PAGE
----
Amnesty Report Hits Abuses by Filipino Military, Communists
Armed forces dispute rights group charges
A DISTURBING number of unarmed civilians have been killed by government soldiers or communist insurgents in the Philippines since President Corazon Aquino came to power in 1986.
While both Amnesty International and the armed forces of the Philippines supported this statement at separate press conferences held across town from each other last week, the two groups seem to disagree on just about everything else.
Human rights abuses by government and government-backed forces have resulted in the death of at least 550 individuals since 1988, according to "The Killing Goes On," a report released by Amnesty on Feb. 26.
"That's a lie," said Brig. Gen. Emiliano Templo, deputy chief of staff for civil military operations of the armed forces, as he ordered his staff to print out an internal human rights accomplishment report.
Since 1988, the death of 232 civilians by the military through killings, murders, and massacres had been reported and were under investigation, according to the report.
"We have detailed statistics. Amnesty International never, never asked [for our statistics]. That's why we question their sincerity," General Templo says.
"I detect malice in the timing [of the Amnesty report] and question their real, underlying motives ... turning a blind eye to the atrocities committed by the Communist Party of the Philippines," said Gen. Lisandro Abadia, chief of staff of the armed forces at a hastily called press conference.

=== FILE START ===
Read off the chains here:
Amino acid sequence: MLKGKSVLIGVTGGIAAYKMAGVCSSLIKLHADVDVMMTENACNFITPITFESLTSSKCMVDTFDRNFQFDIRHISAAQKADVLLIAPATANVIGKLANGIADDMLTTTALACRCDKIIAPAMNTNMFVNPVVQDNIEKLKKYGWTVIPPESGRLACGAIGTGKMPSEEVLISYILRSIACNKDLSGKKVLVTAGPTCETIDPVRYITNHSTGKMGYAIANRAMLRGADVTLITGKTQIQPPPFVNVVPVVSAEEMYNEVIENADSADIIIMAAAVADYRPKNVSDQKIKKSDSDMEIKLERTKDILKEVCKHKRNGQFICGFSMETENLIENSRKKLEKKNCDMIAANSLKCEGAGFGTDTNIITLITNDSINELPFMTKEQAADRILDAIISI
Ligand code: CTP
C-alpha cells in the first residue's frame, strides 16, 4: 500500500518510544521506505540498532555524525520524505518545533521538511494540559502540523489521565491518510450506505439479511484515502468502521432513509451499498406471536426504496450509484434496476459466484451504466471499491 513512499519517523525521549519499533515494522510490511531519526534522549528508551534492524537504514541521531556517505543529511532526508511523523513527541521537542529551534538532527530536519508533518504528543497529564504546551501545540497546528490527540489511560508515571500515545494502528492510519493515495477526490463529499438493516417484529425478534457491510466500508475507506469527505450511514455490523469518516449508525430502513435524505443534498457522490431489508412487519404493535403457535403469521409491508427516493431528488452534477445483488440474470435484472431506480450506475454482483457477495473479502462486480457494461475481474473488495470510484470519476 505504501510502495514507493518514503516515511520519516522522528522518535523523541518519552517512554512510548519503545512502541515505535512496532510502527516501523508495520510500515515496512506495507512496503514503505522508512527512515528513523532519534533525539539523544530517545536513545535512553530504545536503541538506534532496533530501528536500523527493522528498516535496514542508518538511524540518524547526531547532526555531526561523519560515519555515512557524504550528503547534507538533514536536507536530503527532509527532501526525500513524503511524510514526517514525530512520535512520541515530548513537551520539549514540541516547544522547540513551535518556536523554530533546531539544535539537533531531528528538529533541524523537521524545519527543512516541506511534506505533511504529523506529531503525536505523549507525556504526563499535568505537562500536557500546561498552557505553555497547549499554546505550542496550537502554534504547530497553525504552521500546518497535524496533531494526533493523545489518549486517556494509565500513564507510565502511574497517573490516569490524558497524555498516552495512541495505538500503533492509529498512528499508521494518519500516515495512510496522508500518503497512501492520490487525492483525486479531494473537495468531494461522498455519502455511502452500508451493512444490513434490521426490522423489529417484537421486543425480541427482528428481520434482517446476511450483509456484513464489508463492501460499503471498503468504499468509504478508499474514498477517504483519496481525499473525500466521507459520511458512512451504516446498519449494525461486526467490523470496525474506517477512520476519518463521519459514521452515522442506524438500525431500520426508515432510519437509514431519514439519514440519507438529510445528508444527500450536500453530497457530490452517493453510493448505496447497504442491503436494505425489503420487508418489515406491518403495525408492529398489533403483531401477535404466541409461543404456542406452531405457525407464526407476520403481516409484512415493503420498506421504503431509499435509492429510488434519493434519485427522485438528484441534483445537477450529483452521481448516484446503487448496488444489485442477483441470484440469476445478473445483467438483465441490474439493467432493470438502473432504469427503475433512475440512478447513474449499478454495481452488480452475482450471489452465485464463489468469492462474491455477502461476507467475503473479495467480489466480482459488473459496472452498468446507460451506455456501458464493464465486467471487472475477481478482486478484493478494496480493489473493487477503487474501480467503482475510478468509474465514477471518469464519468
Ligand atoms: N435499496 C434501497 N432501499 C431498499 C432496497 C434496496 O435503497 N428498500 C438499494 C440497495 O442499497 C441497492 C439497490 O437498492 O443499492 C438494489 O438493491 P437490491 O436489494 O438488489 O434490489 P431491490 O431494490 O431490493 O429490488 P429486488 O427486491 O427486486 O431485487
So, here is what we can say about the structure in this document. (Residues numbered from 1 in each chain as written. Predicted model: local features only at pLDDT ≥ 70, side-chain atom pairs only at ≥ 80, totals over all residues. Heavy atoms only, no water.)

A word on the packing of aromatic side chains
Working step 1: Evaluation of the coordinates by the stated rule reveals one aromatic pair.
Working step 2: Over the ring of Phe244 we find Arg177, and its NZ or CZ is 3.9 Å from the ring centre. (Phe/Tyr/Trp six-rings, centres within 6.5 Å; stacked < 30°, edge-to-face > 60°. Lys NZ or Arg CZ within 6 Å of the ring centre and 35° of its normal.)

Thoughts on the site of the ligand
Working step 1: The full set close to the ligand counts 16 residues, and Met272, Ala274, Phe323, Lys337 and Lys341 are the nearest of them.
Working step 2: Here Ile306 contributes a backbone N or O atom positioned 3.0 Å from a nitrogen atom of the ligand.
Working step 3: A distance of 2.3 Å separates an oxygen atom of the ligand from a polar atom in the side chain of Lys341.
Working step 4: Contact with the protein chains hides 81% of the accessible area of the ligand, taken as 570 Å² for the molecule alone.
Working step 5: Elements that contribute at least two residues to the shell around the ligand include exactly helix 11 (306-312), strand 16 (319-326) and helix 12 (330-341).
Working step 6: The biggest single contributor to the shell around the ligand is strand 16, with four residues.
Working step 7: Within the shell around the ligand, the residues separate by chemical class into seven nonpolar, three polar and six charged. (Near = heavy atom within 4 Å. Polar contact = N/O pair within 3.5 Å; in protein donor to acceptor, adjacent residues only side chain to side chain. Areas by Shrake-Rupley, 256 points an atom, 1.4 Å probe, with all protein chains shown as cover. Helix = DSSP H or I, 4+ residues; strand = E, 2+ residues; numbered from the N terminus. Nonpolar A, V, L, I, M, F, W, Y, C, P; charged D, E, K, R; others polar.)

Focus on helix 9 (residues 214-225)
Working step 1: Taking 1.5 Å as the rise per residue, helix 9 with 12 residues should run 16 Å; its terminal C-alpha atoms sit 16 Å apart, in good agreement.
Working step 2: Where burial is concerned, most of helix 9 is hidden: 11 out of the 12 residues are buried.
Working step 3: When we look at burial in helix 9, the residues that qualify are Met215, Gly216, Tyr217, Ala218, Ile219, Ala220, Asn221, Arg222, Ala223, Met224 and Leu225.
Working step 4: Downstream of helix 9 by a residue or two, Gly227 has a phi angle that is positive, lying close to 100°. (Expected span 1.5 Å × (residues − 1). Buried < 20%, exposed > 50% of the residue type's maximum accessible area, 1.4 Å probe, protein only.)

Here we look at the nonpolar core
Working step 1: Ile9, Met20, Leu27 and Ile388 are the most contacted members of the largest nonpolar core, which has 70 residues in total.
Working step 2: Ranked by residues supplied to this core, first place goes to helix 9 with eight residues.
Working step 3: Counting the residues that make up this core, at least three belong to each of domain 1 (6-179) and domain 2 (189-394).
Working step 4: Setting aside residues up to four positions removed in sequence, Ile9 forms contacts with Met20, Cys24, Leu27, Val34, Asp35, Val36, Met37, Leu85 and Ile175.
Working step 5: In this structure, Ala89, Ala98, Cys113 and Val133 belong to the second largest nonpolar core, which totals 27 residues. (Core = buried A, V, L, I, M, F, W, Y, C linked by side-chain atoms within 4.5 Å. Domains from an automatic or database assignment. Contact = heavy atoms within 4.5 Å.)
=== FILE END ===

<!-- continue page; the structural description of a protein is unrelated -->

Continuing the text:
General Abadia admitted he had not seen the report and was unaware that one chapter was devoted to human rights abuses allegedly committed by communist insurgents.
Amnesty spokesperson Victoria Forbes Adam said the organization had sent advance copies of the report to Philippine government officials, including the armed forces.
President Aquino acknowledged the report on Friday and said she would act on the recommendations of her own human rights commission.
At the press conference called by Amnesty, the group made a public appeal to communist insurgents to stop arbitrary and deliberate killing of civilians and ill-treatment or torture of captives.
Both the armed forces and Amnesty mentioned a brutal encounter on Feb. 15 during which 41 Philippine soldiers were killed, some of whom were beheaded by the communist insurgents, according to eyewitnesses.
Amnesty's documentation of alleged human rights abuses by armed opposition groups is a new policy, Ms. Adam says. While Amnesty's 1988 report on the Philippines' human rights record had passing references to such abuses, the 1992 report covers them in more detail. The report, however, gives far more attention to alleged military abuses.
Close to 5,000 civilians have been killed by the New People's Army, the military branch of the Communist Party, from 1988 to the present, according to reports provided to the Monitor by an armed forces intelligence officer.
The government's human rights record has improved since Aquino came to power in 1986, according to Col. Ernesto Carolina, an armed forces spokesperson. Systematic investigation of reported abuses has been institutionalized, Colonel Carolina says, and reports of incidents have decreased since 1987.
Amnesty's Adam disagrees. "In practical terms, there has been no substantial change in the pattern of human rights abuses in the Philippines since 1986," she says.
Amnesty International gathers its information through fact-finding missions, by monitoring the press, and through affiliations with church and community organizations, trade unions, nongovernment organizations, and members of the legal profession.